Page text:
When I developed some food allergies, I had trouble finding recipes to fit my specific needs. I had to become more flexible and able to adapt recipes to fit my needs. I started to learn how much fun it could be to ditch the recipe and just wing it.

Then last year, for my birthday dinner at a restaurant, I had the best pasta dish ever. Although I could never make it taste the same at home, I sure tried.

The result is a pasta dish we make regularly around here. It is my favorite thing to make and inhale. Er…I mean, politely eat in small, delicate bites.

We tried to come up with a name for it together as a family, and for awhile we called it “The Amazing Adventures of Pete Pepper and Billy Broccoli”, but that’s kind of a long name, and it fizzled out. Now we just call it “That Pasta Dish”.

So, without any measurements (because now we’re all casual about that kind of thing around here!), I share with you my very own pasta recipe:

Pasta (we use rice noodles, because we do that gluten-free thing around here)

Steamed broccoli and peppers

Grilled Chicken, cut into small pieces

Olive Oil

Salt, Basil, Garlic

Cook your pasta, steam your veggies, cut up your grilled chicken, and mix it all together in a bowl. In a separate bowl, mix together oil, salt, basil, and garlic. Pour over the pasta mixture and mix it all up.

Um, and that’s it. Very, very simple. Not really all that impressive, but I love it and could eat it forever.


Now it’s your turn! What’s your favorite food to eat for supper? Do you use recipes or fly by the seat of your pants? (I guess that’s not a very kitchen-appropriate expression, but you know what I mean!)



34 Days of Favorites: Lunch

This week is going to be very food-themed – yesterday we covered breakfast, and today we’re doing lunch!

If I had my choice, I would probably eat the same thing for lunch every single day: a baked potato slathered in butter, and a bowl of homemade chicken vegetable soup.

Oh, yum. I get hungry for it right now, just thinking about it.

I started making soup about a year ago. I mean, I made soup before that, but last summer was when I started going crazy with the soup.

There are a few reasons for this: Soup is delicious, you can pack in a ton of vegetables, and if you make a large batch, it is such a fast, convenient lunch option to grab out of the fridge.

There are a ton of fantastic soup recipes out there, but I’ve figured out exactly what I like for myself. I’ve never taken the time to measure anything when I’m cooking soup – I think it’s fun to keep dumping vegetables in the pot based on color. If the mixture is looking a little too green, I add some more carrots. If it’s looking kinda boring, I add a few more red and yellow peppers.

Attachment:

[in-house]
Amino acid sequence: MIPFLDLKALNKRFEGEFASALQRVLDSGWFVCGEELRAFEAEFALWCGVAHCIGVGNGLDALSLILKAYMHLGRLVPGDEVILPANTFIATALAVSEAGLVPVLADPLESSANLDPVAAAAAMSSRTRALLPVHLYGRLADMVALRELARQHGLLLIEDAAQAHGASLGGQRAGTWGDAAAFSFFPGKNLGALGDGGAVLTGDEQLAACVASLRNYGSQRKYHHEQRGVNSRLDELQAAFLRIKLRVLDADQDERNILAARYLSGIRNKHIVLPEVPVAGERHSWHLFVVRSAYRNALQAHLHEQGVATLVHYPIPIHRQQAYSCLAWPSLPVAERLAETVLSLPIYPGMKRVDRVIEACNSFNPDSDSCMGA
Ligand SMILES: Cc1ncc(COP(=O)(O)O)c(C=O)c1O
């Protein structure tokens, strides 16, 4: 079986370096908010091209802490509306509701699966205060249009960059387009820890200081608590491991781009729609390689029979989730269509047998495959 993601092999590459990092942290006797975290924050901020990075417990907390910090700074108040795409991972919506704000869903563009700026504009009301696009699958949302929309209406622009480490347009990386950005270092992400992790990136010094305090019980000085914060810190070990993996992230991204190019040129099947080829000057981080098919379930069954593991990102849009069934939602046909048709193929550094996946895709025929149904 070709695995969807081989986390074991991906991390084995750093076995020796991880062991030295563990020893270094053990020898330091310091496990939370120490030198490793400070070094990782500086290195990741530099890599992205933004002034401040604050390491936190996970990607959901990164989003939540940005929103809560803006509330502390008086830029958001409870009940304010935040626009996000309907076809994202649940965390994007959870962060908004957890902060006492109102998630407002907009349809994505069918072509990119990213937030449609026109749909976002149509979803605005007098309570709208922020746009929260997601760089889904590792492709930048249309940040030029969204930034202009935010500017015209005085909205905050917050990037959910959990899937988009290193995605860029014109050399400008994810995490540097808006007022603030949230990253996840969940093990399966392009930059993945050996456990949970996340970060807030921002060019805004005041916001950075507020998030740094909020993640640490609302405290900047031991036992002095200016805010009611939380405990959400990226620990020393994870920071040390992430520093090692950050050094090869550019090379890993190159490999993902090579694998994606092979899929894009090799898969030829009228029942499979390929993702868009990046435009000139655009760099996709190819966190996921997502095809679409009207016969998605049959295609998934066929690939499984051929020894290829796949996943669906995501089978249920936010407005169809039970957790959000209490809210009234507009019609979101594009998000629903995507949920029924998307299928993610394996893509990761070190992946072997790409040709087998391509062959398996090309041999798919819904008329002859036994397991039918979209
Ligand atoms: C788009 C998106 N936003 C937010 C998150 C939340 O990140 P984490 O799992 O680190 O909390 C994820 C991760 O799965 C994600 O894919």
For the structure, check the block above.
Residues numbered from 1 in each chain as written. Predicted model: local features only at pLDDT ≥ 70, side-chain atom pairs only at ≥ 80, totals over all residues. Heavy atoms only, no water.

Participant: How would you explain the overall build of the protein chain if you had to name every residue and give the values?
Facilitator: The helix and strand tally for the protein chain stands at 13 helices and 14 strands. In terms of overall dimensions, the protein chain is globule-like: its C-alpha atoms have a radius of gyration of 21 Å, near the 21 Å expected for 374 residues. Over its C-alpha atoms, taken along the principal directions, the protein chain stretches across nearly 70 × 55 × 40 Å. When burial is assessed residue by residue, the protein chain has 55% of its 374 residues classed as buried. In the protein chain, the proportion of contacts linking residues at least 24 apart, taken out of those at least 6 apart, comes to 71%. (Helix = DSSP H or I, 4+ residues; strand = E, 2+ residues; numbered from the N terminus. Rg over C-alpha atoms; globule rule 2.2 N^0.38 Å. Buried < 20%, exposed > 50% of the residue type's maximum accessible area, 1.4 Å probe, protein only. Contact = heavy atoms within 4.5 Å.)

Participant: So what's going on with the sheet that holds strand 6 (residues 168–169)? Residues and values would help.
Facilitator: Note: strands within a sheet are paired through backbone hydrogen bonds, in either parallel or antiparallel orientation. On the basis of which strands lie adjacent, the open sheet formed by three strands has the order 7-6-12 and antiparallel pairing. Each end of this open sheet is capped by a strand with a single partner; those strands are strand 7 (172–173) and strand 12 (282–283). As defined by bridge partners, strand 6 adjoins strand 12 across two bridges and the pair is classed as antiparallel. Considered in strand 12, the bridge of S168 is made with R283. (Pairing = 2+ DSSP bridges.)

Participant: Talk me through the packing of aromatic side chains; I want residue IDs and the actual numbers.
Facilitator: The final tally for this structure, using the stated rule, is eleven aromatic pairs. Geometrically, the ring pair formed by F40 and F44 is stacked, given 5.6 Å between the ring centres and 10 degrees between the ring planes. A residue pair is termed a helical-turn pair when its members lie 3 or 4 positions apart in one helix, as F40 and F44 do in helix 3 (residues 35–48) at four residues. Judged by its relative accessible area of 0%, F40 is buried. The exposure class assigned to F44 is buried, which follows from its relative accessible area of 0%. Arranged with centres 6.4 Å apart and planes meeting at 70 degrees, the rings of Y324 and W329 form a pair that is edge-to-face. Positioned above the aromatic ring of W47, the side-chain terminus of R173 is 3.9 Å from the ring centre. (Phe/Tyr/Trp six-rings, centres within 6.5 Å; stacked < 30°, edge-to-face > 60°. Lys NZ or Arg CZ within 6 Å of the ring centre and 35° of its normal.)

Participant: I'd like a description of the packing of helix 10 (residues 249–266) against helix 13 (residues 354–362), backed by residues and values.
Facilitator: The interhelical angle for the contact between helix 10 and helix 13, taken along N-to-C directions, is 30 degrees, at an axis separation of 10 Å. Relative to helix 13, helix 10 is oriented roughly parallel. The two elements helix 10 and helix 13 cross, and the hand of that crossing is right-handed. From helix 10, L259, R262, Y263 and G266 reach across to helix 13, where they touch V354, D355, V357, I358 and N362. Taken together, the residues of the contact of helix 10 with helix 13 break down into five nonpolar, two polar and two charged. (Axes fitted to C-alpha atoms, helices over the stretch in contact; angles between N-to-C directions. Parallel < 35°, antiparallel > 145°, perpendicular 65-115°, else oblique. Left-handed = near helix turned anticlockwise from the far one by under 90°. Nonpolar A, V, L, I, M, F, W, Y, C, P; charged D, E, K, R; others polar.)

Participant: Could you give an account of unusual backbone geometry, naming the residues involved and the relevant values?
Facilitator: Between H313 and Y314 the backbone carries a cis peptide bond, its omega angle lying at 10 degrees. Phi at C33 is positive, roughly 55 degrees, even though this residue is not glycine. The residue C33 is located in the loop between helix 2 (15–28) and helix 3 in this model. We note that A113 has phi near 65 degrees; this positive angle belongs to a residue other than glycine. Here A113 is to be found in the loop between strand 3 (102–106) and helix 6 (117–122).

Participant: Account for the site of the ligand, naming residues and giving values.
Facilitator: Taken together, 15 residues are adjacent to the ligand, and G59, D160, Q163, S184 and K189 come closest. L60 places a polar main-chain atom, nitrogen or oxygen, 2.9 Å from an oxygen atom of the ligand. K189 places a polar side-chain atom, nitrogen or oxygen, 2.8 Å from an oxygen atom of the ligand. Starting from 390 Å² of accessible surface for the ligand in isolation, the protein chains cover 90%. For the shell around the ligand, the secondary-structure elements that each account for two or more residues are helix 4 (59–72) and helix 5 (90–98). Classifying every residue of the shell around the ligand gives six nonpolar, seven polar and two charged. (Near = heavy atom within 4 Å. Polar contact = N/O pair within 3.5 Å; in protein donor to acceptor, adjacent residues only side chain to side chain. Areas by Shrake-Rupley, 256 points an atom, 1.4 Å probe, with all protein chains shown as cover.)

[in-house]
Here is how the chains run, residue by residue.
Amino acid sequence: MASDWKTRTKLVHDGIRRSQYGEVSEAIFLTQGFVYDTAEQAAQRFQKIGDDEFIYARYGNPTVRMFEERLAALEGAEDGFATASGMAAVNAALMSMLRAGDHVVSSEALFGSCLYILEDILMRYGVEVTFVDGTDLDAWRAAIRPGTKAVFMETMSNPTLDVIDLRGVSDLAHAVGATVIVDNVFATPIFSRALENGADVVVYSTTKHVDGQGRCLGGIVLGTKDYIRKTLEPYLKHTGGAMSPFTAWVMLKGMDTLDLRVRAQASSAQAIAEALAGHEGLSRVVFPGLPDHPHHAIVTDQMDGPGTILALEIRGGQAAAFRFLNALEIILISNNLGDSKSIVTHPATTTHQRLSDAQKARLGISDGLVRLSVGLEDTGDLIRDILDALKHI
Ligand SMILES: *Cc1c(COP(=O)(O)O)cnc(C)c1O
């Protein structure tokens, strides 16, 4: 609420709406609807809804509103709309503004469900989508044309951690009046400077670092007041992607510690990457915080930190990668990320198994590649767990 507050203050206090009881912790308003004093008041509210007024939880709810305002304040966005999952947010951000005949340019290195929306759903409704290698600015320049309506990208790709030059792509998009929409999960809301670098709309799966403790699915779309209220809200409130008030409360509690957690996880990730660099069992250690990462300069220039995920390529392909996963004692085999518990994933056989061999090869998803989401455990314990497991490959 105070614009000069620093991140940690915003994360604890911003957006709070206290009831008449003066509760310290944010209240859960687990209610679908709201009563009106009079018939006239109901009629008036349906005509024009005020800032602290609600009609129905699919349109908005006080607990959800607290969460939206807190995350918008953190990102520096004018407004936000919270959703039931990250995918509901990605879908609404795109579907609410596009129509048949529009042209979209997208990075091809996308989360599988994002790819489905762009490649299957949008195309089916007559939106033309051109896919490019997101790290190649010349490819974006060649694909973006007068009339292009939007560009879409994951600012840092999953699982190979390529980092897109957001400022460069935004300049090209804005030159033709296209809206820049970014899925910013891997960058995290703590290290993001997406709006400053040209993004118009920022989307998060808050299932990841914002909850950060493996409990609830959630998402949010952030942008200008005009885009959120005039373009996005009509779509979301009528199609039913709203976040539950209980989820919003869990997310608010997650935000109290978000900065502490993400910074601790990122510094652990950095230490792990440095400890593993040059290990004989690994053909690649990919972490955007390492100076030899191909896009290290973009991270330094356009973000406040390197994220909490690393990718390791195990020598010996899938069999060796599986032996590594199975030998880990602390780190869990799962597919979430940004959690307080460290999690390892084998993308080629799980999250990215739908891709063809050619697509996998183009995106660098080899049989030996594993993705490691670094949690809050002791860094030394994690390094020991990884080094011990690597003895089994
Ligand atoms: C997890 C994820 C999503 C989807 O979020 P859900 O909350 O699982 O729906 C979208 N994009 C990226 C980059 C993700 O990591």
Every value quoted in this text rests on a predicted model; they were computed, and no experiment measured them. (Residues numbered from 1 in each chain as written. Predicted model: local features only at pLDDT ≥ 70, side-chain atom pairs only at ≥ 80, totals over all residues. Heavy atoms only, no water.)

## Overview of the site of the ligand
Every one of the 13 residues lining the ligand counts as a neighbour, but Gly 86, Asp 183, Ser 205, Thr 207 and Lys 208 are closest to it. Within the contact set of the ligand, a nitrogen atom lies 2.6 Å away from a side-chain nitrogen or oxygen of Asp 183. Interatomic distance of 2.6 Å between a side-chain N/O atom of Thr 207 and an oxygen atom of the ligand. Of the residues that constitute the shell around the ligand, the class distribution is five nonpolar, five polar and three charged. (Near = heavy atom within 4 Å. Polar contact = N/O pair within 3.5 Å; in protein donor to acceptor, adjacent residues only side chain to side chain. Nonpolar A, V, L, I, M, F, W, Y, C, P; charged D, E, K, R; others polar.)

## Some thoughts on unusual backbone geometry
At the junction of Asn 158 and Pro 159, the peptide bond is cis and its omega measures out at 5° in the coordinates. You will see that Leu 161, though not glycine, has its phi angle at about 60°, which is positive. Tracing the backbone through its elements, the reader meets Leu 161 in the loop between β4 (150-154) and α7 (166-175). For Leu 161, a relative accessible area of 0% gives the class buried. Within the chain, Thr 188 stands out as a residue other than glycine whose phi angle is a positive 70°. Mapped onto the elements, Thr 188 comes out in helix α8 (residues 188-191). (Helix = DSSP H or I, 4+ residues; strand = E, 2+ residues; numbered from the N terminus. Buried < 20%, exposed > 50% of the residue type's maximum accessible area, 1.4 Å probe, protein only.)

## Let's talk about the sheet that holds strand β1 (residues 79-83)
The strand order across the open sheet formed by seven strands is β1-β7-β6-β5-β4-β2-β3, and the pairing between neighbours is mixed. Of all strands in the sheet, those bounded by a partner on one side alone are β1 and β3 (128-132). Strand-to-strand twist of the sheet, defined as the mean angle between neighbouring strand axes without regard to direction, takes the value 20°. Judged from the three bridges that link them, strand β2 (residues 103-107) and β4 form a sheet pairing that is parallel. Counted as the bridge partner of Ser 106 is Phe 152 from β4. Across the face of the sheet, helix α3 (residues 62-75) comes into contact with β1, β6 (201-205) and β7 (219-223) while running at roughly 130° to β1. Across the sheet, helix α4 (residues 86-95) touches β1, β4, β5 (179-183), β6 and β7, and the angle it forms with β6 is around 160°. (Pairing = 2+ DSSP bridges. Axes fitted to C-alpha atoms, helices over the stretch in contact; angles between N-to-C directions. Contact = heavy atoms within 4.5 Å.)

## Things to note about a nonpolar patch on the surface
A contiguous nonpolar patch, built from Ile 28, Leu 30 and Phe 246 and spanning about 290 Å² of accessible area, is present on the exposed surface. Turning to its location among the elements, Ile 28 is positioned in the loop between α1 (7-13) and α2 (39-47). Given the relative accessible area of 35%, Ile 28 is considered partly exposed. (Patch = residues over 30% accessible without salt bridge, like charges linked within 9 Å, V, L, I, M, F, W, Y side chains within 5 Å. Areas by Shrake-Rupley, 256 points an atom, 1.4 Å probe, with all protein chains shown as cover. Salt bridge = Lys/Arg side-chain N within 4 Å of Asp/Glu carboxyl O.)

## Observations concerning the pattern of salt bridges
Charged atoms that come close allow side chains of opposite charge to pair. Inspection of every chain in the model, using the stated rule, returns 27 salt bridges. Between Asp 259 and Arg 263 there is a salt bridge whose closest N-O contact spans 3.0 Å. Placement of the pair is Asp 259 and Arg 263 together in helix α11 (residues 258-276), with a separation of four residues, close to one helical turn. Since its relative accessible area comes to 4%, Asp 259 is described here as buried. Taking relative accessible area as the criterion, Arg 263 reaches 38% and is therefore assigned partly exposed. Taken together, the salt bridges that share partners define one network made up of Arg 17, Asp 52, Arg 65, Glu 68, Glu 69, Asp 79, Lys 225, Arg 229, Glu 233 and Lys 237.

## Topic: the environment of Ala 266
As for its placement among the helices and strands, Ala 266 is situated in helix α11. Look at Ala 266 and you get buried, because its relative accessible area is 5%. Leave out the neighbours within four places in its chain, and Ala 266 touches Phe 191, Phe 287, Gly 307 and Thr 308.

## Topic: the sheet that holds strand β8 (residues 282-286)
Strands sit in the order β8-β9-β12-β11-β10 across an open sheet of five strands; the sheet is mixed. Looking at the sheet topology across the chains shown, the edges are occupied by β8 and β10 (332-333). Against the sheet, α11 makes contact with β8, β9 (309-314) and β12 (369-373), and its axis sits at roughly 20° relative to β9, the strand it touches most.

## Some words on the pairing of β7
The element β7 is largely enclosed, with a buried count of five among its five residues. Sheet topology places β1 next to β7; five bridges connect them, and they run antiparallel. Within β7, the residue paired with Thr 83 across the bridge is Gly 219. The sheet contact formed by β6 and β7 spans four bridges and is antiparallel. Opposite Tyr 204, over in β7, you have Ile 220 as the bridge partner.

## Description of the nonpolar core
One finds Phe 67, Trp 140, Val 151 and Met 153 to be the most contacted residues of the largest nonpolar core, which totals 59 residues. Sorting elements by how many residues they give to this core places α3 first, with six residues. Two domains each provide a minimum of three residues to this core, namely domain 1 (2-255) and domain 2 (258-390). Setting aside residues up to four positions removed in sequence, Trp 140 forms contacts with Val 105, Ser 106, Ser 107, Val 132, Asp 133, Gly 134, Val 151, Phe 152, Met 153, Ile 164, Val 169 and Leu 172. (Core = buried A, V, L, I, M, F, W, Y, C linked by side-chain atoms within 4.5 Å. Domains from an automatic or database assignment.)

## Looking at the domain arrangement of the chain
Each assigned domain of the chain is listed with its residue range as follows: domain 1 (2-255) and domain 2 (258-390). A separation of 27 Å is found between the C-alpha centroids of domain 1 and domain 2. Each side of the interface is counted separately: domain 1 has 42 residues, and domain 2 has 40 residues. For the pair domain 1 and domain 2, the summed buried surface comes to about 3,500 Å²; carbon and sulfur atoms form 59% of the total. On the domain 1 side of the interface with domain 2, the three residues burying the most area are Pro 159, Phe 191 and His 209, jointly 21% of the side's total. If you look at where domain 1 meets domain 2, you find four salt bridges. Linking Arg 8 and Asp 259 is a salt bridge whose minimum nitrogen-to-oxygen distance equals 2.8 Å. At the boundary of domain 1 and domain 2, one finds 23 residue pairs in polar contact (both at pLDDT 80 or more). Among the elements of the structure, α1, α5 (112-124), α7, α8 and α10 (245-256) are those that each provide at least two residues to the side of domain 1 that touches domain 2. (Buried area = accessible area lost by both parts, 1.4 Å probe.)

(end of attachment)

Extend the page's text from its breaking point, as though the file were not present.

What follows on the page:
So without specific measurements, here is my favorite soup:

Vegetable Soup:

I start with a large pot of homemade chicken broth.

Then I add: carrots, broccoli, zucchini, red and yellow peppers, until it looks like a balanced combination of everything.

I use whatever kind of seasonings I’m in the mood for that day, usual salt, garlic powder, basil and parsley.

I bring it to a boil, and then let it simmer for 1/2 an hour.

I add frozen peas, and cook for another 10 minutes.

Here are a few soup tricks to keep in mind:

1) My mom taught me to put soup into jars while it’s boiling hot, and leaving them on the counter until the lids snap. It’s the short-cut canning version. The soup only stays good if you keep it in the fridge, but it’s far simpler than the usual canning method. I don’t know how long it lasts in the fridge, because we eat it too fast to worry about that, anyway.

2) I usually keep my cooked chicken separate from the soup, so I can use it for other meals and recipes as well. I add it to my soup if I want a heartier meal, or leave it as just a veggie soup if I want a bit of a snack. (I eat a lot of soup, for breakfast, lunch, supper, or snack. It works any time of day!)

3) This soup tastes BY FAR the yummiest if you mix in 1/2 a mashed avocado. I realize that sounds weird. The first time I read about doing that, I thought it sounded gross. I love avocados in guacamole. But in soup? Ew. Until I tried it. It adds a wonderful flavor, healthy fat, and a creamy texture to a bowl of soup. I rarely eat a bowl of veggie soup without avocado in it.

And there’s not much to say about the baked potato part of my lunch. Except that I think potatoes are delicious with a crispy outside. Baked straight on the rack.

I’ve been told potatoes are not healthy. But I’ve also heard they’re so full of potassium, we should eat two a day. Since I love potatoes so much, I’ll go with the potassium theory!

And butter. Some people stay away from it, but I’ve done a lot of reading, and from what I gather, butter is a healthy fat. Margarine is actually bad for you. It has to do with all your omega 3’s and 6’s and stuff like that.

For me, the biggest thing is getting healthy fats and proteins to balance out all those vegetables, and adding some good calories to my diet. But I’m not a health expert. And there are a lot of conflicting opinions out there. (I get some of my health info from these blogs: The Wellness Warrior, Wellness Mama, and The Perfect Health Diet)

Alright, your turn! What do you like to eat for lunch?